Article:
At forty years old, El Salvador’s millennial millionaire president has projected an international image as a youthful and irreverent Silicon Valley–style disrupter. Nayib Bukele made headlines by snapping a selfie during his first address at the United Nations, then made his country the only in the world to adopt Bitcoin as legal tender.
But beneath this vacuous techbro veneer, Bukele’s government has a deeply authoritarian character. The president, who has enjoyed persistently high approval ratings despite his unconstitutional consolidation of executive power, now faces a growing opposition movement amid deepening economic and political crises.
Bukele campaigned as a post-ideological anti-corruption crusader against a decadent political class. His youthful and irreverent image, together with a formidable family war chest and digital media savvy, helped him unseat the leftist Farabundo Martí National Liberation Front (FMLN), the party of the post-Salvadoran civil war demobilized insurgency, which governed for two terms from 2009–19. Bukele, who rose to prominence as an FMLN mayor, soon turned on his former party, weaponizing the oligarchic right’s relentless destabilization campaign against the governing left for his own benefit.
Despite casting both traditional right and left parties as his enemies, Bukele compiled a coalition of the most loathsome opportunists from across the Salvadoran political spectrum. In office, he converted the Salvadoran government into an advertising agency, abandoning the remains of FMLN social programs to the neglect and corruption of his cabinet as the country’s finances spiral out of control.
In order to consolidate and retain power, Bukele has demolished the gains of the 1992 Peace Accords that brought a negotiated close to El Salvador’s twelve-year US-backed civil war, fomenting the remilitarization of Salvadoran politics and, by extension, the re-politization of the Armed Forces, effectively abolishing the separation of powers and criminalizing dissent.
The dramatic events of February 9, 2020, when the president invaded the legislature with the army to demand the approval of a security loan, turned out to be a mere prelude to the “self-coups” to come. On May 1, 2021, hours after Bukele’s New Ideas party took its seats as the new parliamentary super majority, the legislators dismissed the attorney general and all five magistrates of the Supreme Court’s Constitutional Chamber, replacing them with Bukele loyalists.
The new attorney general shuttered the nascent Organization of American States (OAS)–backed anti-corruption body — installed by Bukele himself as a campaign promise — and launched an operation of political persecution that has so far seen five former FMLN cabinet members imprisoned on trumped-up charges.
On September 1, Bukele’s new Constitutional Chamber ordered a purge of the lower judicial orders, forcing all judges over the age of sixty into retirement. Days later, they defied the constitution’s prohibition and authorized the president’s reelection.
Coming on the heels of these attacks against the nation’s fragile but hard-fought democratic order, the deeply unpopular Bitcoin Law was the straw on the camel’s back, triggering mass protests that threatened the popular foundations that lend legitimacy to Bukele’s presidency.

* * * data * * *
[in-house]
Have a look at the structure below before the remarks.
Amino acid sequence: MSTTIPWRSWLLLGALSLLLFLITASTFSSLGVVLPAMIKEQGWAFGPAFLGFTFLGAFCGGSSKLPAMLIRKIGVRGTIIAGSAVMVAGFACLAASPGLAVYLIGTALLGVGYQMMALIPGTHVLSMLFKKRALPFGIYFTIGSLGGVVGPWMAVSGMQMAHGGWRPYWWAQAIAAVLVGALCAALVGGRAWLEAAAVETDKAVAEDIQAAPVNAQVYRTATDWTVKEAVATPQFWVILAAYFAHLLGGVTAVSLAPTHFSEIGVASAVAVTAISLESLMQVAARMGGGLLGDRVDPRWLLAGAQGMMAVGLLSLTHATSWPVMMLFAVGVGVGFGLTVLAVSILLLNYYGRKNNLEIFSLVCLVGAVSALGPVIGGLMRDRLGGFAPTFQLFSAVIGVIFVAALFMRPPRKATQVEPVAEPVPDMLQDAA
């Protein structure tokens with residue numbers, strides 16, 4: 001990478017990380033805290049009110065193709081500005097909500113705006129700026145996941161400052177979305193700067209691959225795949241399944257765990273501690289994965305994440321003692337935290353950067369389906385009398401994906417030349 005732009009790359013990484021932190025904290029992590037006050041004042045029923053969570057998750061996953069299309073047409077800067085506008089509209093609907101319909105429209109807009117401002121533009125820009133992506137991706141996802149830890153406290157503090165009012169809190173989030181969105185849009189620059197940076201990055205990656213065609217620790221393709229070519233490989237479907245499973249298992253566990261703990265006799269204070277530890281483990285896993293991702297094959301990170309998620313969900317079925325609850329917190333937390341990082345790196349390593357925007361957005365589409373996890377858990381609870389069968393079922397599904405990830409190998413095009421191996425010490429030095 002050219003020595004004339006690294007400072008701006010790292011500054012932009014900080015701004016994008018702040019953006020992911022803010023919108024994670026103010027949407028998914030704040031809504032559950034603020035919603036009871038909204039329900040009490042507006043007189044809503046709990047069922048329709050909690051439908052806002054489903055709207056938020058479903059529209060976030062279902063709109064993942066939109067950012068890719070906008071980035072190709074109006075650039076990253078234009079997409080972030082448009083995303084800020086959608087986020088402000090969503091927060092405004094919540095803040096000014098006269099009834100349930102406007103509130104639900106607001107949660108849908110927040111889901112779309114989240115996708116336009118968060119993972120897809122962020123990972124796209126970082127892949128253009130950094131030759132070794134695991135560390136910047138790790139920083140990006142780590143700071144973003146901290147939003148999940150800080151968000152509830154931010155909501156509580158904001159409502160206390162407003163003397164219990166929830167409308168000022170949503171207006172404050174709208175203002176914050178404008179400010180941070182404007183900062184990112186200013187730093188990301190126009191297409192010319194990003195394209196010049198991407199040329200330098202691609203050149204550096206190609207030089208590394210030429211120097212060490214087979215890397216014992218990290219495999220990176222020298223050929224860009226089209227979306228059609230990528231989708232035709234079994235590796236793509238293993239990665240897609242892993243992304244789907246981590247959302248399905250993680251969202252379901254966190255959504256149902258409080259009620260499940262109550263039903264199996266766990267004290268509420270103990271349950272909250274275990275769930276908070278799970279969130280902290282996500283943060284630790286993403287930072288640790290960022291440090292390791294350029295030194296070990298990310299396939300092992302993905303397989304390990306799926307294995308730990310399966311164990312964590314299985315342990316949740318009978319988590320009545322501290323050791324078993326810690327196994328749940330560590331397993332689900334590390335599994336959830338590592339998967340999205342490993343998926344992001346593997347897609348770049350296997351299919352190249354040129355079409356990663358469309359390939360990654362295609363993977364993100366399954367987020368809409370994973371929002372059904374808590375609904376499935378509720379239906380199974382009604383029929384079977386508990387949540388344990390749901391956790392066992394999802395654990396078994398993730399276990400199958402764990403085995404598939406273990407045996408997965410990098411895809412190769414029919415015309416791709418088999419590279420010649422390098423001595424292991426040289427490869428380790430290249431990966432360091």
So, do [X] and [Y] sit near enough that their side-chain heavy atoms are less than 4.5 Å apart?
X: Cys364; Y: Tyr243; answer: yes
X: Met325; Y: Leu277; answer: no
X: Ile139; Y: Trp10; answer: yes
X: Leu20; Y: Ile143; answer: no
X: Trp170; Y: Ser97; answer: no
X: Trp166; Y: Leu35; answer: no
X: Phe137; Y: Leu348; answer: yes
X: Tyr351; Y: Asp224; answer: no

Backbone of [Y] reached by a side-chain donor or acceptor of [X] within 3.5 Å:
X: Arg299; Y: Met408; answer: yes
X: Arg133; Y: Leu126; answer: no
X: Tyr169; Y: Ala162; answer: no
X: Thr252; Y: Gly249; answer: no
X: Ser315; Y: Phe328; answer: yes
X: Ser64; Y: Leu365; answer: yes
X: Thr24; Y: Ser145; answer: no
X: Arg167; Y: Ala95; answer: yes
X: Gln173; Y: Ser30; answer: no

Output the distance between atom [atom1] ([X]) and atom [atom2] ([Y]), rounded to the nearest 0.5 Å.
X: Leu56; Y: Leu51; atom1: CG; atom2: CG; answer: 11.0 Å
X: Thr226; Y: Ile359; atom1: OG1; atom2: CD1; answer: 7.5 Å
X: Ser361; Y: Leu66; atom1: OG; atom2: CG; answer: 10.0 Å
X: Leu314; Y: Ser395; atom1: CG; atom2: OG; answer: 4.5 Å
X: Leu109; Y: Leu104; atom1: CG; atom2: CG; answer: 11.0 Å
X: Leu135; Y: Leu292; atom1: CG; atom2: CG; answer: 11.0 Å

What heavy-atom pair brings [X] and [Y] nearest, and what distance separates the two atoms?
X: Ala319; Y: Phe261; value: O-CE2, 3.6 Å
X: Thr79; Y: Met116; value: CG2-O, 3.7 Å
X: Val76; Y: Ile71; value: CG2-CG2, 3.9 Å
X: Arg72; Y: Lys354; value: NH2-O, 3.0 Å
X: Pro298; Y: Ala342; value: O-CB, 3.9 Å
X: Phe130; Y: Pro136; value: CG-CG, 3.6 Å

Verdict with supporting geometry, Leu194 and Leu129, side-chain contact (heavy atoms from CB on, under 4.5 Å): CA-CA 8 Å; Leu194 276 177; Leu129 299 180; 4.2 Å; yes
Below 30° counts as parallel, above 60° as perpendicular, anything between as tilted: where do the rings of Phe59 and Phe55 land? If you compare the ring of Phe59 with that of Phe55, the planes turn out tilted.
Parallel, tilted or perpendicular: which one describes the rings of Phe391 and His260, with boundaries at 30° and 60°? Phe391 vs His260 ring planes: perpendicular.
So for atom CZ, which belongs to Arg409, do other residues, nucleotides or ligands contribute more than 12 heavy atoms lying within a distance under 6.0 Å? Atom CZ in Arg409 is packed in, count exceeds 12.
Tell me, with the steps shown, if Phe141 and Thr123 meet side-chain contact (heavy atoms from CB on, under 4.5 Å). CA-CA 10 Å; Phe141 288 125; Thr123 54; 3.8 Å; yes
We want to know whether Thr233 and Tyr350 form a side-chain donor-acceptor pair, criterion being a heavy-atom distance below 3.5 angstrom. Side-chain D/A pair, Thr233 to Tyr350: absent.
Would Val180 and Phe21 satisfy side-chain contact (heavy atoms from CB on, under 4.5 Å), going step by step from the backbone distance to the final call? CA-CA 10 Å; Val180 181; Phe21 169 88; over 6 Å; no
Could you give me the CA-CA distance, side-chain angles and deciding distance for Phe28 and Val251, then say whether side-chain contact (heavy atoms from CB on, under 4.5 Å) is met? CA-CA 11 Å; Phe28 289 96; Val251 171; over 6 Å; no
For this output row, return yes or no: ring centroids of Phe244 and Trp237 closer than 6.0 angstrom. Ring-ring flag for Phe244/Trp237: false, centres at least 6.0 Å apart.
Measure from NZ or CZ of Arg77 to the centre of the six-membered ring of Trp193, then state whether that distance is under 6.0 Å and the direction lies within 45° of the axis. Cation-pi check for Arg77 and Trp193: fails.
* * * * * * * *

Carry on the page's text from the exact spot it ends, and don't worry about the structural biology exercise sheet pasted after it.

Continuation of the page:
Bukele’s Bitcoin Gamble
Bukele’s Bitcoin proposition was immediately rejected in El Salvador, where the traumas of the deeply unpopular dollarization of the country’s economy in 2001 are still fresh in public memory. The three-page law was presented and approved by the ruling party’s legislative majority in a matter of hours, only days after the president surprised the country with the announcement in English at a Miami conference in June.
Polls have confirmed broad disapproval of the measure, as well as generalized confusion and ignorance about the cryptocurrency’s mechanics. As public anxieties rose ahead of the law’s implementation, negatively impacting Bukele’s much-coveted approval ratings, the president assured the nation that Bitcoin’s usage would not be mandatory. The legislation itself, however, includes mandates that “all economic agents” accept Bitcoin transactions and that preexisting obligations expressed in dollars may be settled with Bitcoin.
The initiative has puzzled observers both inside and outside of El Salvador. In the most generous interpretation, “bitcoinization” is a misguided attempt at a techno-fix for the Salvadoran economy’s deep structural problems. Bukele’s reckless, improvised governance amid the already unfavorable context of the pandemic has brought the country to its most serious economic crisis in decades. Desperate for financing but refusing to undertake progressive fiscal reform, Bukele’s legislators have raised national debt to well above 90 percent of the country’s GDP. But the Bitcoin announcement has only triggered further instability, imperiling International Monetary Fund negotiations and tanking the country’s credit ratings.
The bid has also been framed as a means of attracting international investment, an escalation of Bukele’s “Surf City” branding exercise for the country’s western beaches. At best, however, it threatens to flood El Salvador’s shores with an insufferable tide of digital grifters and influencers. More seriously, Bitcoin’s adoption promises a massive influx of criminal organizations looking to launder their illicit earnings into El Salvador.